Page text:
What lessons can be learned from Apple's supposed loss of an iPhone prototype, besides, "Never let one of your software engineers get smashed and accidentally leave a prototype on a bar stool?"
If the device reportedly found in a German beer garden north of San Jose, Calif., and carefully dissected by tech blog Gizmodo April 19, has the same hardware features as the final version of the next-generation iPhone, then Apple is joining much of the rest of the tech industry in seeing video conferencing and social networking as the future for both consumers and business.
That's because the device contains not only a large camera on its back, but also what Gizmodo described as a "front-facing video chat camera." To at least one analyst, that can only mean one thing.
"We think Apple will spice up the [next] iPhone announcement with services that leverage its front-facing video camera," Ezra Gottheil, an analyst with Technology Business Research, wrote in an April 21 research note. "There is a market opportunity for a network platform for video social networking, gaming and conferencing that Apple could address with its distinctive software and design capabilities."
Gottheil added, "By providing critical applications and a platform for third-party development, Apple could create a compelling and very sticky subscription service."
An emphasis on video would dovetail neatly with Apple's building of a massive data center in Maiden, N.C. The sheer size of that facility, reportedly encompassing 500,000 square feet, suggests that the company is gearing up for an extremely data-intensive set of initiatives-such as streaming video for large numbers of users.
Other reported features of what the media has taken to calling the "iPhone 4G," including the higher-resolution display, smaller battery and secondary mic for noise cancellation, all seem like the natural evolution of the device. The use of a Micro-SIM could be in the interest of design and space. On the software side of things, Apple's upcoming iPhone OS 4 will include multitasking, something that previous versions of the device have lacked, and a way for Apple to better compete with the multitasking-friendly Google Android operating system.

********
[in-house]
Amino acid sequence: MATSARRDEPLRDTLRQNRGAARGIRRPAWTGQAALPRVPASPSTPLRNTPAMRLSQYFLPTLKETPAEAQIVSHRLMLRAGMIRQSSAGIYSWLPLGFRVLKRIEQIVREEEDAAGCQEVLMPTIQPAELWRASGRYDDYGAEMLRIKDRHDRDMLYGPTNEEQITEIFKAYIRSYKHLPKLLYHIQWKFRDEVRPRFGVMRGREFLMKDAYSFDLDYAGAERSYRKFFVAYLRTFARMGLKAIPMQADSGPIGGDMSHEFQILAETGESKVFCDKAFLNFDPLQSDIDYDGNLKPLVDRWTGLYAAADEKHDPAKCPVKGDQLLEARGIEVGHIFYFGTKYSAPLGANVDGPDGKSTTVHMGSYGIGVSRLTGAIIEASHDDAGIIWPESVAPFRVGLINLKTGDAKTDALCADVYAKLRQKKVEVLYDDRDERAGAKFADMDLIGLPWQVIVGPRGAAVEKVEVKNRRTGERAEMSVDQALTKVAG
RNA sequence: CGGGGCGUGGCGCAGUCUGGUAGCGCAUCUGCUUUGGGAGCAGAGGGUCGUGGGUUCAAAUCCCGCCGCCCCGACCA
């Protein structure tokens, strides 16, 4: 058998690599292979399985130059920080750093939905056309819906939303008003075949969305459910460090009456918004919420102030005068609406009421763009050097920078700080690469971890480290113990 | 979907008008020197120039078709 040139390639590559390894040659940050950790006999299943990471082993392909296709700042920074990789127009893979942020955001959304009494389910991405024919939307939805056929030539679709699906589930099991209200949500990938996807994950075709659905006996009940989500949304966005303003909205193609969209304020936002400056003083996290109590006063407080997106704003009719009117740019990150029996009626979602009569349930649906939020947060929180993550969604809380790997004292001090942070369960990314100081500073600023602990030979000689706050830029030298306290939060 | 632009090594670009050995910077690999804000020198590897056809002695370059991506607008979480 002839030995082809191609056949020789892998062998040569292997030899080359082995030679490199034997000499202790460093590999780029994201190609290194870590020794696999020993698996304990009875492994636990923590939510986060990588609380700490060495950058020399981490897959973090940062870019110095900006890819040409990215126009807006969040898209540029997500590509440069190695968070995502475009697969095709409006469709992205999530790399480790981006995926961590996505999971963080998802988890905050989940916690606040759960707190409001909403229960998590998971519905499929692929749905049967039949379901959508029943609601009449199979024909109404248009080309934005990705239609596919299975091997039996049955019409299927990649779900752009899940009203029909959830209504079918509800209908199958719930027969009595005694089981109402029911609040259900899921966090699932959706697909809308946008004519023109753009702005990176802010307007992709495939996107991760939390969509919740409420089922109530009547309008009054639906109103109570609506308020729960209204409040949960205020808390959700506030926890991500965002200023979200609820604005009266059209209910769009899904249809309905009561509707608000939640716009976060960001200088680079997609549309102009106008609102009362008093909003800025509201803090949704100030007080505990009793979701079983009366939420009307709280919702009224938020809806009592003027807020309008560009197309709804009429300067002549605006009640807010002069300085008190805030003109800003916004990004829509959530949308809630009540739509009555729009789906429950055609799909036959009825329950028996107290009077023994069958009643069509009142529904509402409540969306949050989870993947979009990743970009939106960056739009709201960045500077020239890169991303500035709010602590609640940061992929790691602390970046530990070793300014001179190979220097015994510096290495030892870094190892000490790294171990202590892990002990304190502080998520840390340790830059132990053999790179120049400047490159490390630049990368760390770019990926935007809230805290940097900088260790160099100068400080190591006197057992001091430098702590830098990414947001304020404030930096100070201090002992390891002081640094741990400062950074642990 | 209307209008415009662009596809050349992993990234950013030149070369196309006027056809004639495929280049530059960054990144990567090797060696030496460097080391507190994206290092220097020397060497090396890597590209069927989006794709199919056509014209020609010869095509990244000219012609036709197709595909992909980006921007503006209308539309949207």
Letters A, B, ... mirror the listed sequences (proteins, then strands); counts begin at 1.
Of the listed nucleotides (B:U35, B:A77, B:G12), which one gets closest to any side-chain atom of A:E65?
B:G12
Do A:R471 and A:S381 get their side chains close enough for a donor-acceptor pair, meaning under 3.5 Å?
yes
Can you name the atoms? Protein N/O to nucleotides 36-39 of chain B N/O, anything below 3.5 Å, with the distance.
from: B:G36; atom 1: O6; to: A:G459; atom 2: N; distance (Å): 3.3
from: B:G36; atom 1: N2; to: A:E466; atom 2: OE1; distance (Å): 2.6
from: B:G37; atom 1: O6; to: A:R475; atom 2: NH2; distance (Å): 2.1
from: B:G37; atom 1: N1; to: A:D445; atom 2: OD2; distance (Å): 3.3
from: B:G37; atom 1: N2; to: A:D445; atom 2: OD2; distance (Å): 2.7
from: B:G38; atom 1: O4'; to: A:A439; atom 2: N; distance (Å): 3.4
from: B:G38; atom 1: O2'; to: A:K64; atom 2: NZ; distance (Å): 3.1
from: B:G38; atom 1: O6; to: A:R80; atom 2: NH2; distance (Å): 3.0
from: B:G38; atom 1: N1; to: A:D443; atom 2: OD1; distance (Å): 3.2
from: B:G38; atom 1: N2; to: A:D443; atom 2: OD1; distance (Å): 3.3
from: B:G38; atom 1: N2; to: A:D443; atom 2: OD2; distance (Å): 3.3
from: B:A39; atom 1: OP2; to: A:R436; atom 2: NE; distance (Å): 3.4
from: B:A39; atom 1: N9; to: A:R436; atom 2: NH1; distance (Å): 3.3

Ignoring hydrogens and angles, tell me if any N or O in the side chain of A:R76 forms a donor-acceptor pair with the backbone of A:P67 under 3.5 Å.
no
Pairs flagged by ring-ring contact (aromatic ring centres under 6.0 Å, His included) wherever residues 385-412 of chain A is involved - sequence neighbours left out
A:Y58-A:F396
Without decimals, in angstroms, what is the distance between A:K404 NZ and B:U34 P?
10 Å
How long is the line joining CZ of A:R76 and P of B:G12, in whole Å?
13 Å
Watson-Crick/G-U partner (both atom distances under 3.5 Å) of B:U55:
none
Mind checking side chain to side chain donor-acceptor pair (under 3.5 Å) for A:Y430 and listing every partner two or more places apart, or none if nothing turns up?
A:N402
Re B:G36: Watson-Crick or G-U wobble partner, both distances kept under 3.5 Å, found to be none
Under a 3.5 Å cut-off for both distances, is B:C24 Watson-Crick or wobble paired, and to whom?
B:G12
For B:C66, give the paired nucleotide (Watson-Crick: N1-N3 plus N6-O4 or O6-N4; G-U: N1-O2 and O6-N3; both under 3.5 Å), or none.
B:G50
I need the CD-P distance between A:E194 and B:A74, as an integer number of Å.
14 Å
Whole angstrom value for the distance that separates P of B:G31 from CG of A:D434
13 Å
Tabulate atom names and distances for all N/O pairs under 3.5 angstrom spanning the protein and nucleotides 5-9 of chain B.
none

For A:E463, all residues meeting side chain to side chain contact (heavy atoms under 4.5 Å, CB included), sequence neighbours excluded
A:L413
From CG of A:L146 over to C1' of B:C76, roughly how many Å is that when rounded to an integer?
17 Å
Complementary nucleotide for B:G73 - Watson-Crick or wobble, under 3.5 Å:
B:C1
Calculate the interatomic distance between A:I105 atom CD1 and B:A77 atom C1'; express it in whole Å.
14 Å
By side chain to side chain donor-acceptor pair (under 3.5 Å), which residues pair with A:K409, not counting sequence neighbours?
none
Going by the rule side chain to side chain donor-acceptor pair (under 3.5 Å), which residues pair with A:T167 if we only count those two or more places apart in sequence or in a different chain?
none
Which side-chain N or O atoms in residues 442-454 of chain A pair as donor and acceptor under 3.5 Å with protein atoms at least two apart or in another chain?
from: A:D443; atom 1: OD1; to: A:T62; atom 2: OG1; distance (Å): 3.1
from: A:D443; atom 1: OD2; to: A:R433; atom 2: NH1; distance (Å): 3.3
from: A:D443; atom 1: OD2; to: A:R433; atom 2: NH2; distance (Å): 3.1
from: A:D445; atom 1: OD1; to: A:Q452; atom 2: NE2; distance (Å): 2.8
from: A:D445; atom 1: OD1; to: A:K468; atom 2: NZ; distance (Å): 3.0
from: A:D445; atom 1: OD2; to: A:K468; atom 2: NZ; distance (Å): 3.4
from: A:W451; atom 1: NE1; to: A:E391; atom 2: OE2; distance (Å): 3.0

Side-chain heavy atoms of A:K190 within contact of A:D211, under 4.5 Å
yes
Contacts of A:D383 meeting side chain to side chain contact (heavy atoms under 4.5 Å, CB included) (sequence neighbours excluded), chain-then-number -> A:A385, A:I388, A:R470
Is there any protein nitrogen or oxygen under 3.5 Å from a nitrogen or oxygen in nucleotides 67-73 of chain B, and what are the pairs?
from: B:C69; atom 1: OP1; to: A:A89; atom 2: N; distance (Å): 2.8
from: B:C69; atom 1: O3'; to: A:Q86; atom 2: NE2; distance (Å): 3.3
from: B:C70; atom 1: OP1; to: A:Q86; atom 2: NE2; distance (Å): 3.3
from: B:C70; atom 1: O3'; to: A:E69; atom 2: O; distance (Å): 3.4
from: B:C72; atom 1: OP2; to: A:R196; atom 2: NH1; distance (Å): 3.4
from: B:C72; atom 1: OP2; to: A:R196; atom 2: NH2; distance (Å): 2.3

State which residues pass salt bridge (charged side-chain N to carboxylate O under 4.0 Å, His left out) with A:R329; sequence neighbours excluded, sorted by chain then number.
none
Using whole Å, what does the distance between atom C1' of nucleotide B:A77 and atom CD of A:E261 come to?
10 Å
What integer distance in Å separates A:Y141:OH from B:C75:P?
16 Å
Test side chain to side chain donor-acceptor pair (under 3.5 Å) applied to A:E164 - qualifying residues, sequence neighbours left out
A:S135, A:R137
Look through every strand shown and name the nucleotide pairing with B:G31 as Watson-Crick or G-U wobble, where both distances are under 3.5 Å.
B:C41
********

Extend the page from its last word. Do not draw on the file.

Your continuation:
One question that lingers about the whole affair is how a top-secret device, designed by a company that reportedly rivals the CIA in security and paranoia, managed to end up on a beer-soaked barstool in the first place. The incongruity of that event, of course, led many in the online community to opine-loudly-that the whole "loss" was deliberately staged by Apple in order to generate buzz months before the next iPhone's release.
That would be out of character for Apple, which has a reputation for revealing devices only through carefully controlled events. One blogger with connections at Apple wrote that the iPhone's escape into the wild was simply a case of colossally bad luck and nothing more.
"Starting a few weeks ago, some number of iPhone engineers, who because of the nature of their work were already familiar with the details of Apple's next-generation iPhone, were authorized to begin using late preproduction units outside of Apple's campus," wrote John Gruber, who runs the Apple-centric blog Daring Fireball. "Strict provisos govern such units. They must remain in cases designed to render them indistinguishable, at a glance, from an (encased) iPhone 3G/3GS. Such units are not allowed to be demonstrated or revealed to anyone."
Gruber said he believes, based on the "N90_DVT_GE4X_0493" barcode attached to the infamous unit, that Gizmodo dissected a version of the smartphone very close to the finished product: "'DVT' stands for 'design verification test,' an Apple production milestone," Gruber wrote in an April 22 post. "The DVT milestone is very late in the game; based on this, I now believe that this unit very closely, if not exactly, resembles what Apple plans to release."
No word has leaked about what may happen to the Apple software engineer who reportedly lost the device. However, Lufthansa is offering him a free business-class ticket to Munich, according to an open letter from the airline published on Gawker, where presumably he can drown his sorrows in more beer.